“Bestiary” – by Donika Kelly

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A bestiary is a compendium of creatures – an illustrated book from the Middle Ages – with each animal symbolizing some abstract moral principle. They are there to show us foolish humans how to live by the divine code written by Nature/God.

In Donika Kelly’s debut poetry collection, there are beasts large and small – from a hermit thrush to a whale; everyday and mythical – from locusts to centaurs. But they don’t represent moral instruction; Kelly is far too wise to give us such a schematic framework without artistic disruptions. The result is a superb book cloaked in a mystery you can’t quite crack.

To begin with, when I realized what the author was doing, I thought it would come across like a concept album: something clever but perhaps unsustainable. I was wrong. The mythical animals here are creatures of transformation and hybridity: winged Pegasus, the Minotaur, centaurs, griffon, satyr and mermaid. They are unfixed, between worlds, and so always searching or craving.

The animal/mythical world is the world of these poems, but the collection is about being human. It’s particularly about two of the oldest themes of all: memory and desire. The beasts are all struggling for freedom or identity, or they are on a quest for love. Their voices cry out to an unspecified “you.” “Love Poem: Centaur” closes with:

Love,/I pound the earth for you. I pound the earth.

And “Love Poem: Satyr:”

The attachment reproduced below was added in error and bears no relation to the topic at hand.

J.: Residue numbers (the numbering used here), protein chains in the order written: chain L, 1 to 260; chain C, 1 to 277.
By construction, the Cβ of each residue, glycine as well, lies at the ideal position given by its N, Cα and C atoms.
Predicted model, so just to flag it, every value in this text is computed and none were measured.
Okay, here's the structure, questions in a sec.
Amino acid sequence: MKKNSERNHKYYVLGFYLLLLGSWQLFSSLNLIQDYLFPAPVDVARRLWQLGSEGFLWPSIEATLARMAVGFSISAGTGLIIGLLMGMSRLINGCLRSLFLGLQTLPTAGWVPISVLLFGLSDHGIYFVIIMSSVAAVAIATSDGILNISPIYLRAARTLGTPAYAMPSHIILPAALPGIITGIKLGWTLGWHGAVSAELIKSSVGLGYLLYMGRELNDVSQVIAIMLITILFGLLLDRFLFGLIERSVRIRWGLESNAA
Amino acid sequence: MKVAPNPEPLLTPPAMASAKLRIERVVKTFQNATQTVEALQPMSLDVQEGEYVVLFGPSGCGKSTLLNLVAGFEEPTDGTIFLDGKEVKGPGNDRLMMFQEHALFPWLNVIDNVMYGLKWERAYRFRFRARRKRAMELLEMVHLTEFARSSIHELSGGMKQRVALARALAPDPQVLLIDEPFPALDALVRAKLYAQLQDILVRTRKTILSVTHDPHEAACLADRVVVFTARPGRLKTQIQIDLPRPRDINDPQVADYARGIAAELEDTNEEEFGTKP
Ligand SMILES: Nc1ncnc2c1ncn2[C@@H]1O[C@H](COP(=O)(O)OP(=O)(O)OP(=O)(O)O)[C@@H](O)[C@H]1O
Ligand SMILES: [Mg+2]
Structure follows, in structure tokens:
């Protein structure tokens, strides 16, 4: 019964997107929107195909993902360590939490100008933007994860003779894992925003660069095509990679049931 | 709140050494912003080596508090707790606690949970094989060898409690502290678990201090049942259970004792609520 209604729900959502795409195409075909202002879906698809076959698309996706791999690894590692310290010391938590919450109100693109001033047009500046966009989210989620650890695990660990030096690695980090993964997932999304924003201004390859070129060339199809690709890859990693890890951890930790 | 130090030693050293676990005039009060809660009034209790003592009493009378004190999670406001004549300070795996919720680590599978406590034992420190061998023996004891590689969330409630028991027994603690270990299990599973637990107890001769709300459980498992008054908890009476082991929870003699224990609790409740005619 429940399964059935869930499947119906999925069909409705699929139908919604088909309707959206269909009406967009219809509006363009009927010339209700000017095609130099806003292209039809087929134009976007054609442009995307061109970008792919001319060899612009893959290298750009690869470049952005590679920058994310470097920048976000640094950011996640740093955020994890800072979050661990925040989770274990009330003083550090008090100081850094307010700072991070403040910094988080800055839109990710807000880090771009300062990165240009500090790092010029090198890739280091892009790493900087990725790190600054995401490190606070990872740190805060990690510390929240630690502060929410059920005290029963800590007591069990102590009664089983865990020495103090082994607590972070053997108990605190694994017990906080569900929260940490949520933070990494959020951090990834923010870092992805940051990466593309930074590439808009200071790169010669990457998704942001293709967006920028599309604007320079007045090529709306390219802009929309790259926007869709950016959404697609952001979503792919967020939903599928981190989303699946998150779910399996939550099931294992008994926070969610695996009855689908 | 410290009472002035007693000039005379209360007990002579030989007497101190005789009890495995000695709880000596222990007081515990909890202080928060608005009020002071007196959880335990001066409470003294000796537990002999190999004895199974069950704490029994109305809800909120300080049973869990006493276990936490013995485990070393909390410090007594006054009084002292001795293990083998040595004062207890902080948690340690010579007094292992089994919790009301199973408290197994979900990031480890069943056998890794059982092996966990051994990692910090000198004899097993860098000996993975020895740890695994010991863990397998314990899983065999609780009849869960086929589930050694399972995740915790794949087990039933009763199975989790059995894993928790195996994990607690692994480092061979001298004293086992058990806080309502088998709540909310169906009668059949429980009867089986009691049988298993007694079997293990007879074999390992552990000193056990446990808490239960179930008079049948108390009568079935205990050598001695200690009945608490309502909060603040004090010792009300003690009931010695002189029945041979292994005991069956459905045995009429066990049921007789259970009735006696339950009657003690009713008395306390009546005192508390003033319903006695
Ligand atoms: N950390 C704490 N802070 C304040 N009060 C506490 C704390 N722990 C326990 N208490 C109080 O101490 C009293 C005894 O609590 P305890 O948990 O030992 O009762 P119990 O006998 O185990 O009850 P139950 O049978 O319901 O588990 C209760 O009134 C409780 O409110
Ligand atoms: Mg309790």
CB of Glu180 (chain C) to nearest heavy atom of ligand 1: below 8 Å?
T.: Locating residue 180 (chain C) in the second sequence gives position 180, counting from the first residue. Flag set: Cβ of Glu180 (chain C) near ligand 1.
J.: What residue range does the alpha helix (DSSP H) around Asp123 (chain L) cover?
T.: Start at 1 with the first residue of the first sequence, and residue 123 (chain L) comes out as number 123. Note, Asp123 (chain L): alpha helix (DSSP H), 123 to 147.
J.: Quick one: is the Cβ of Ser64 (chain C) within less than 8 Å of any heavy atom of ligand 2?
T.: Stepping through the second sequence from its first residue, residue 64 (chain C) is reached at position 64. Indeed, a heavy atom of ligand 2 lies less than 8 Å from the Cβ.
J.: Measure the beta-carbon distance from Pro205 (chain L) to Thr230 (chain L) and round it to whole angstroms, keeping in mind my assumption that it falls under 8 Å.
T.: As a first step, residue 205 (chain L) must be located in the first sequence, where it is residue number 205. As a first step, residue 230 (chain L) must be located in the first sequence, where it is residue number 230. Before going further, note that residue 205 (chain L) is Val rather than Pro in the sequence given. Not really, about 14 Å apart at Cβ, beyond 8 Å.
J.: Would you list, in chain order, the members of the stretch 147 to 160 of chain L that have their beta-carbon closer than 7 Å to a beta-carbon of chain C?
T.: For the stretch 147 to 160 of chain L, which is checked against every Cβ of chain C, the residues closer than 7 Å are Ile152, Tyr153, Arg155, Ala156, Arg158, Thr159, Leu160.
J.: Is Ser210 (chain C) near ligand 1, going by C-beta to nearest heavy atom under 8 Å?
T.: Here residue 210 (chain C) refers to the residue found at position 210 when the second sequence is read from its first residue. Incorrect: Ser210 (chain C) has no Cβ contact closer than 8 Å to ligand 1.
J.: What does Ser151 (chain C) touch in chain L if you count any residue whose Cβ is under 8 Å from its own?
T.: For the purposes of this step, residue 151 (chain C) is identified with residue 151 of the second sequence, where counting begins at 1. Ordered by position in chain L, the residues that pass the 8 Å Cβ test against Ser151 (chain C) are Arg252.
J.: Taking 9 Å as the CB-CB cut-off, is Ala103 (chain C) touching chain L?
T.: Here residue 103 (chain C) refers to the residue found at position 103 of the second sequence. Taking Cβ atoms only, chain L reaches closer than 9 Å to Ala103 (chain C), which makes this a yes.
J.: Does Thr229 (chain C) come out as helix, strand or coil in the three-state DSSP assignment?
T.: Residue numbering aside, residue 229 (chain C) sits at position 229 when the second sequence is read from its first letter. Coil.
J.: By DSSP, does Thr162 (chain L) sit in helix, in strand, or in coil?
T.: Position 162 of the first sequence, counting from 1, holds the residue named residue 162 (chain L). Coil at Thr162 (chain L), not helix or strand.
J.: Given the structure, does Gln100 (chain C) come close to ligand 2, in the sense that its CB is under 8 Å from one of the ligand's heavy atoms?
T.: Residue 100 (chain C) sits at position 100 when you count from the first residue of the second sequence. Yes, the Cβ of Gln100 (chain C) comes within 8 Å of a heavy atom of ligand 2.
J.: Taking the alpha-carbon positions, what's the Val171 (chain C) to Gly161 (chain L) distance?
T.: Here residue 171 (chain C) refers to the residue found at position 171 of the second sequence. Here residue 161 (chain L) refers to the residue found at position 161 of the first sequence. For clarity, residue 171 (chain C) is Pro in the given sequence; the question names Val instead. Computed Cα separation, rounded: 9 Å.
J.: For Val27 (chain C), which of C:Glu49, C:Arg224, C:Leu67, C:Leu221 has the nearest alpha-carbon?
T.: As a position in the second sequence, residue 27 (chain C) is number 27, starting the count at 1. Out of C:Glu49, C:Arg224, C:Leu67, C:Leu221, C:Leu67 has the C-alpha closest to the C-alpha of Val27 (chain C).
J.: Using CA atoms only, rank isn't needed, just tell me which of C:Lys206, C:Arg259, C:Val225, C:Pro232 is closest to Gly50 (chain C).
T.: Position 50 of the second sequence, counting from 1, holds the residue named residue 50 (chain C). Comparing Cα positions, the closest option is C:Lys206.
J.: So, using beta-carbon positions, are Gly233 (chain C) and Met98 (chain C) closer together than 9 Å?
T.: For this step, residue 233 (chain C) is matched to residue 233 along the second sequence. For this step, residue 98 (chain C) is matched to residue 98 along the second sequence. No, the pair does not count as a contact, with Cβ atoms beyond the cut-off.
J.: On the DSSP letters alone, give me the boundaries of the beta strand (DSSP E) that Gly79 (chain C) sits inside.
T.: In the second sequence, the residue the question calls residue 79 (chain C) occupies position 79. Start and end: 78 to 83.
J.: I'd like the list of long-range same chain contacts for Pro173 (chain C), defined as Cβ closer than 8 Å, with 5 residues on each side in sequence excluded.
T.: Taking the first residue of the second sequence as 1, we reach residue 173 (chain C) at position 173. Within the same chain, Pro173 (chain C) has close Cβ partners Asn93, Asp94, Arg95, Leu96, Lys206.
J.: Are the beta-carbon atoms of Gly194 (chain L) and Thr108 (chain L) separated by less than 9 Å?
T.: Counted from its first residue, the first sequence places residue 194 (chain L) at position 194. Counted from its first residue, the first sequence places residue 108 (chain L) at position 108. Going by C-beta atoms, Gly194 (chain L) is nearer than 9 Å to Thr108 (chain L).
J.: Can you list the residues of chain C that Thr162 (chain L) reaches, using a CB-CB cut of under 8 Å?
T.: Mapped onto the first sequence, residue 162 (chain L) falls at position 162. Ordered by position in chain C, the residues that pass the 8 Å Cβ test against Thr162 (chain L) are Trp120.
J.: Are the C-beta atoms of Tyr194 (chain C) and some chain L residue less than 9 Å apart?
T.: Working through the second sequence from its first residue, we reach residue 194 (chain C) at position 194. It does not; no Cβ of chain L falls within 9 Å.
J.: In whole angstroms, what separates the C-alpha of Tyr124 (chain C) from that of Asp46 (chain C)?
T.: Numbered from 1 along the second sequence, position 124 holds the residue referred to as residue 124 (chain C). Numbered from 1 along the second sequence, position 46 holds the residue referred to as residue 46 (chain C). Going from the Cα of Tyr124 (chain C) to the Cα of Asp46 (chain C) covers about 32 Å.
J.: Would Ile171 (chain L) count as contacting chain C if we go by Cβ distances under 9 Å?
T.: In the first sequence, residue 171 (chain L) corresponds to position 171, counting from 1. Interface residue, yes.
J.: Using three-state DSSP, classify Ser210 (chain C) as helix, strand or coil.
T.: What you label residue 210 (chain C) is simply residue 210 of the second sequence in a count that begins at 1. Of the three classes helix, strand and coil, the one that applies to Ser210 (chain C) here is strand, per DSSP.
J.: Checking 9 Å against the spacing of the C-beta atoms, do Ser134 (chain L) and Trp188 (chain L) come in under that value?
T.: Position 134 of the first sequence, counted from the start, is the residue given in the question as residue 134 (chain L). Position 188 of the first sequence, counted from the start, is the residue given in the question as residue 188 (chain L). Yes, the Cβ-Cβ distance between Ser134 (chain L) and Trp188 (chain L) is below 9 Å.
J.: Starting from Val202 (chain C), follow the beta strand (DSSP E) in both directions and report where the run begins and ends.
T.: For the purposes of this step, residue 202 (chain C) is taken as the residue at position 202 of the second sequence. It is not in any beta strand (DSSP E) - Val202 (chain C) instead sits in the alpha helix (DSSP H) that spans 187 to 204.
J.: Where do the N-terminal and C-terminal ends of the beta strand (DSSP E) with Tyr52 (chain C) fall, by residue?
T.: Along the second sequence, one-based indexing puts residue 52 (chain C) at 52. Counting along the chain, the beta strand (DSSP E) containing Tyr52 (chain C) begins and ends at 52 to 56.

you’ve closed the window to your heart./Closed, too, the door, and blacked the light./I put my ear to the glass, to the wood. I hear/your heart like the wind in the reeds,/meting out my name.

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Donika Kelly

Unlike most young, Black and gifted poets, Kelly avoids the openly political. The poems don’t use the vernacular, and at first glance the pain isn’t sociological. But between the lines, there is trauma: pain born of the death of loved ones, of abuse, of unrequited passion, and of loneliness. The collection’s central metaphor – beasts – stands for the inner struggle to transform oneself, to rise like a phoenix.

Overall, this is one of the most dazzling debut collections I’ve read. It’s won several prizes, among them a Hurston/Wright Legacy Award, a Cave Canem Poetry Prize, and the Tufts Award, and I’m not in the least surprised. Kelly is a writer to watch. She has a million tricks up her sleeve as well as the sensibility and ear of her finest contemporaries: Terrance Hayes, Tracy K. Smith, Indigo Moor, Amanda Johnston. I can’t wait to see what comes next. No doubt it will roar and gallop and purr, like this collection.

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